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Macy’s Cuts Electricity Usage By 38%, Sets New Sustainability Goals

Since 2002, Macy’s has reduced its electricity usage by 38 percent and achieved a 95 percent adoption rate of recycled or certified paper used in marketing materials, according to a recent announcement.

The retailer says it already has implemented more than 100 new sustainability ideas over the past six years. As often is the case, innovation has begotten innovation, and the company is looking to take further actions to improve its sustainability performance. Some of these actions include installation of additional electric vehicle (EV) charging stations, continued rollout of LED lighting and solar, and new efforts to reduce packaging waste.

EVs, LEDs and Renewables

The clothing retailer is collaborating with Volta Industries to install 17 new free-to-operate EV charging stations outside eight Macy’s stores in the Los Angeles area by late fall 2014. These installations will bring to 33 the total number of EV charging stations available to customers at Macy's store locations in southern California.

In 2011, Macy’s became one of the first major department stores to pilot the use of EV charging stations when it agreed to install 16 charging stations outside five Macy’s stores and one Bloomingdale’s store in the San Diego area. Collectively, these charging stations help promote the reduction of fuel consumption and the transition to renewable energy.

On the LED front, Macy’s says it has entered a new phase of its program to install LED light bulbs in stores nationwide. The company already has installed more than 1.1 million LED bulbs in more than 800 Macy’s and Bloomingdale’s stores nationwide, cutting energy consumption used in lighting by up to 73 percent compared with conventional bulbs replaced. In 2014, LED technology is being extended to begin replacing fluorescent fixtures in store locations.

In an effort to expand its use of renewables, Macy’s is planning and developing 20 additional solar power arrays to be installed on the roofs of stores and distribution centers in California, Connecticut, Massachusetts, New York and other states in 2014 and 2015. By the end of 2013, solar energy was being generated on 55 active installations at Macy’s and Bloomingdale’s facilities. This seems to have paid off; Macy’s made it into the top ten of the 2013 Solar Capacity Rankings, which ranks companies by the total installed capacity of their systems and the number of operating installations, as well as showing the geographic diversity of their solar deployment.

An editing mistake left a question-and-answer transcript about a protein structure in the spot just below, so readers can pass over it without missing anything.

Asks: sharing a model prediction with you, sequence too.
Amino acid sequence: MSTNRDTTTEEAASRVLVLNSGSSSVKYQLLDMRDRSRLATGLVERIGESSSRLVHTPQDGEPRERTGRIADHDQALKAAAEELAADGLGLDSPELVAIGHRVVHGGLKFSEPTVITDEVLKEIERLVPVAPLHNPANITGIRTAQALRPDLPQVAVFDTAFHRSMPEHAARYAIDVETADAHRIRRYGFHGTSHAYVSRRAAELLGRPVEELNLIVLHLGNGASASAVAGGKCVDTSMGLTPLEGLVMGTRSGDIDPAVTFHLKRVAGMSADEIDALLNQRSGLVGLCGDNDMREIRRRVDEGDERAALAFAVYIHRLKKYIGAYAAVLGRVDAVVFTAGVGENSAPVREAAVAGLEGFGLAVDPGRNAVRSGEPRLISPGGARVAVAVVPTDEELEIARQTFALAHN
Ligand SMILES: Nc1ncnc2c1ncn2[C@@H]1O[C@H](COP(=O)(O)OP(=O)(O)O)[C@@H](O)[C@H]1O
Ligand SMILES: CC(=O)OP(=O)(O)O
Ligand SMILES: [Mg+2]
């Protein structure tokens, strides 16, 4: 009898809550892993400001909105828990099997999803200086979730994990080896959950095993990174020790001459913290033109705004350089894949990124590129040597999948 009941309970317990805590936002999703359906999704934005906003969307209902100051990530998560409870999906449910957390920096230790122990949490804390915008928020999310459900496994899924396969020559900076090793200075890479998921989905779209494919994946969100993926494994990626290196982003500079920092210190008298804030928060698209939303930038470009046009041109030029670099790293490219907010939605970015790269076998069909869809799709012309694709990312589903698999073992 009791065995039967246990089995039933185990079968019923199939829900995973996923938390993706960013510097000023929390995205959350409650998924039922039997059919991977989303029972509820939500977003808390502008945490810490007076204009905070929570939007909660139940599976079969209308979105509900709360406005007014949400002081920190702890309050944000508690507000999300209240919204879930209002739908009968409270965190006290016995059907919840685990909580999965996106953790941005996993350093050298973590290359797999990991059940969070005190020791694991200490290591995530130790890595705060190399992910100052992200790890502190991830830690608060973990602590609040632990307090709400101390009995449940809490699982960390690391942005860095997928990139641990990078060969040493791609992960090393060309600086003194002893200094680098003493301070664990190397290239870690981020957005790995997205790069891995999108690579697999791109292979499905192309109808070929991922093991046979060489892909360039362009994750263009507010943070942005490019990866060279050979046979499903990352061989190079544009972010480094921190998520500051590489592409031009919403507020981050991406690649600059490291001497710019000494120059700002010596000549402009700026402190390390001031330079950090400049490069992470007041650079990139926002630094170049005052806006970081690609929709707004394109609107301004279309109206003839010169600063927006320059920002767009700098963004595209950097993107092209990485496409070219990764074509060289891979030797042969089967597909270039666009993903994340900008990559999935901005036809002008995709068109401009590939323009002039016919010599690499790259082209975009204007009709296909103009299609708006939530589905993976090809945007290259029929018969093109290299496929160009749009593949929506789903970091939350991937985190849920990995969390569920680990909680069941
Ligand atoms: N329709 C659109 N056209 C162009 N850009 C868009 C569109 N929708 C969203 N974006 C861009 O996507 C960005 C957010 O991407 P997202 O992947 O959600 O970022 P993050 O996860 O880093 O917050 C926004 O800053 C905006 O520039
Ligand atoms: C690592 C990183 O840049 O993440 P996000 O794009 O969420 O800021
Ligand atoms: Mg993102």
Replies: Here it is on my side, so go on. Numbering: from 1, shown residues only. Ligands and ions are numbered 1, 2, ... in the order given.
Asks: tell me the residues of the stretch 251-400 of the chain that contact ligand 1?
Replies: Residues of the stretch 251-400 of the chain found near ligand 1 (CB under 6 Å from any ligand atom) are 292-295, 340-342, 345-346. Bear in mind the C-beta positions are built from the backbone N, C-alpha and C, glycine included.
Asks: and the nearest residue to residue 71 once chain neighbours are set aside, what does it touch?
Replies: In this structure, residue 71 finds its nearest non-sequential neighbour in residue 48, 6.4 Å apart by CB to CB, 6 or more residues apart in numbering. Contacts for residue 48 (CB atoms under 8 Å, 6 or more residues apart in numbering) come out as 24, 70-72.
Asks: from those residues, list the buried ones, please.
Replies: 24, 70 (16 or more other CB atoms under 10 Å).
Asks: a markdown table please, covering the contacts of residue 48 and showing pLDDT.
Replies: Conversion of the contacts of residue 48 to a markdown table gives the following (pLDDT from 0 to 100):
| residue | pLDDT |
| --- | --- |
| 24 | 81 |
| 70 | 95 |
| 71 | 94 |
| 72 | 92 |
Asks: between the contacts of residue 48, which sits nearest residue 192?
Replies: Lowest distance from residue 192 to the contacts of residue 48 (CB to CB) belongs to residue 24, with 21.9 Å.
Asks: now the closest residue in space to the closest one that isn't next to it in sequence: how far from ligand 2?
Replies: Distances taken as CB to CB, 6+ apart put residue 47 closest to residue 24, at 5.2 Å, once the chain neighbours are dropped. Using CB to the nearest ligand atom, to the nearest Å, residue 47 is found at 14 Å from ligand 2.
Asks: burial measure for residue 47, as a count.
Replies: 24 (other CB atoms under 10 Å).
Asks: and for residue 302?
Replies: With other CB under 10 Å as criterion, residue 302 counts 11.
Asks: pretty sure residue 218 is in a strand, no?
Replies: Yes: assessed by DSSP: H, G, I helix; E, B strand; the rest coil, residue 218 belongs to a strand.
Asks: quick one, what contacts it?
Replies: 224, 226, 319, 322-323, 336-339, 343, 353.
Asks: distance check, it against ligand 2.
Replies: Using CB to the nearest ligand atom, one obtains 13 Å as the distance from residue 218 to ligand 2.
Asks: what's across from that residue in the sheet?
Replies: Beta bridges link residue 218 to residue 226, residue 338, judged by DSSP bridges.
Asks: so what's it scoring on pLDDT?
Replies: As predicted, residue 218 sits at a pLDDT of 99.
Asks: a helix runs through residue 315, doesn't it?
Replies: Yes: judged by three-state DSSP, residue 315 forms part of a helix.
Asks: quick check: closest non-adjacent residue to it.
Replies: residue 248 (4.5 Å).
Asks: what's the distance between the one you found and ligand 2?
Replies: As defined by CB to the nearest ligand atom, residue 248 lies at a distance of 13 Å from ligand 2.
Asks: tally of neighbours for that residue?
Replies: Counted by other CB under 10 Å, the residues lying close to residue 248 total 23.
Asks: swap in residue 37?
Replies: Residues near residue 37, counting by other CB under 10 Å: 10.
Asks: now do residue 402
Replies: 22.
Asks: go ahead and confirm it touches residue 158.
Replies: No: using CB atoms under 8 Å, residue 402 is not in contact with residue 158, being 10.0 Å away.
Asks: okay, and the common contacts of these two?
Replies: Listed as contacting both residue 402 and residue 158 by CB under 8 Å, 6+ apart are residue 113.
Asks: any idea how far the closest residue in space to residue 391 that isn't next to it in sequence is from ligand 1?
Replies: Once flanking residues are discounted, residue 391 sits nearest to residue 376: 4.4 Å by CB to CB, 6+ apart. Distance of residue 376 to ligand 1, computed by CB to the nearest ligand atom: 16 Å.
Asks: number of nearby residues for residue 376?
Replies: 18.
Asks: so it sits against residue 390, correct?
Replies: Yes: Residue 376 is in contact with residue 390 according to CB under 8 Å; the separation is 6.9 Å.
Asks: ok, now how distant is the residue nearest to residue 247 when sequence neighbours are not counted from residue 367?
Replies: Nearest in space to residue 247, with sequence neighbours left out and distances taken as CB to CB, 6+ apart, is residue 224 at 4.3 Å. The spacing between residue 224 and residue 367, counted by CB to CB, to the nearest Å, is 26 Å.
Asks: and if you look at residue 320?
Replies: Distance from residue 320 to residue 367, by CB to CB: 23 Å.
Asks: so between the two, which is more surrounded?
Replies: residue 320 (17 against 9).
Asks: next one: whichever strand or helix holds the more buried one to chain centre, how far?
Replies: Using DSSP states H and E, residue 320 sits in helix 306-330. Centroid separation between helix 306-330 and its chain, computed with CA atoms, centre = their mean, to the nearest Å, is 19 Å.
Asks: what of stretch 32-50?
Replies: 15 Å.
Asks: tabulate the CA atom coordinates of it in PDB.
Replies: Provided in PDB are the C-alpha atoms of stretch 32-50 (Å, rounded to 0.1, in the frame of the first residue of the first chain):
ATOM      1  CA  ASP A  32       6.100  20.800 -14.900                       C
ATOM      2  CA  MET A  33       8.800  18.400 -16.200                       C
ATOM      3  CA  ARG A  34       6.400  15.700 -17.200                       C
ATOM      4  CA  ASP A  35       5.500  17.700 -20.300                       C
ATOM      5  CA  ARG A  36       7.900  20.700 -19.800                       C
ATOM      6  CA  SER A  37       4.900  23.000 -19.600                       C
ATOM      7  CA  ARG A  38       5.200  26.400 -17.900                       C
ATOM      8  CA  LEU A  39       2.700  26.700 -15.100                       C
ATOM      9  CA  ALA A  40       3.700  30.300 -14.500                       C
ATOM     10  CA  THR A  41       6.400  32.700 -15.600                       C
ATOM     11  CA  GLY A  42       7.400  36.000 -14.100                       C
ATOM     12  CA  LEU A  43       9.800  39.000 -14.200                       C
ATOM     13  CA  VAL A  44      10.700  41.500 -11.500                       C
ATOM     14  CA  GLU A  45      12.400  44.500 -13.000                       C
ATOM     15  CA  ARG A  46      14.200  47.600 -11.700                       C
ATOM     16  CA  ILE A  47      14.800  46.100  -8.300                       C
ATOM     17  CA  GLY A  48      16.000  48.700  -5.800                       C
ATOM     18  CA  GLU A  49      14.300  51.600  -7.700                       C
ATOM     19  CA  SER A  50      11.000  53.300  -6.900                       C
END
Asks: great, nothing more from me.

In 2013, Macy’s also committed itself to increased energy efficiency when it joined Sprint and Johnson Controls to upgrade more than 200 million square feet of building space to cut energy use by at least 20 percent by 2020, as part of the Obama Administration’s Better Building Challenge.

Tackling Waste

Macy’s is working to reduce waste in the merchandise supply chain by standardizing the size of packing cartons, incorporating recycled polyester fibers in many woven garment labels, minimizing packaging materials and adopting paper hangtags made from FSC-certified paper.

Another waste-reduction strategy is setting new and higher goals to increase customer adoption of electronic billing statements and electronic bill payment. In 2013 alone, nearly 18 percent of Macy’s and Bloomingdale’s customers opted for paperless statements, saving about 745,000 pounds of paper.

Likewise, the company is driving adoption of digital receipts, which are available in all Macy’s stores nationwide. When making a purchase, customers can choose to have a copy of their receipt emailed to them, eliminating unnecessary use of paper receipts. In 2013, about 6 percent of all store transactions were paperless.


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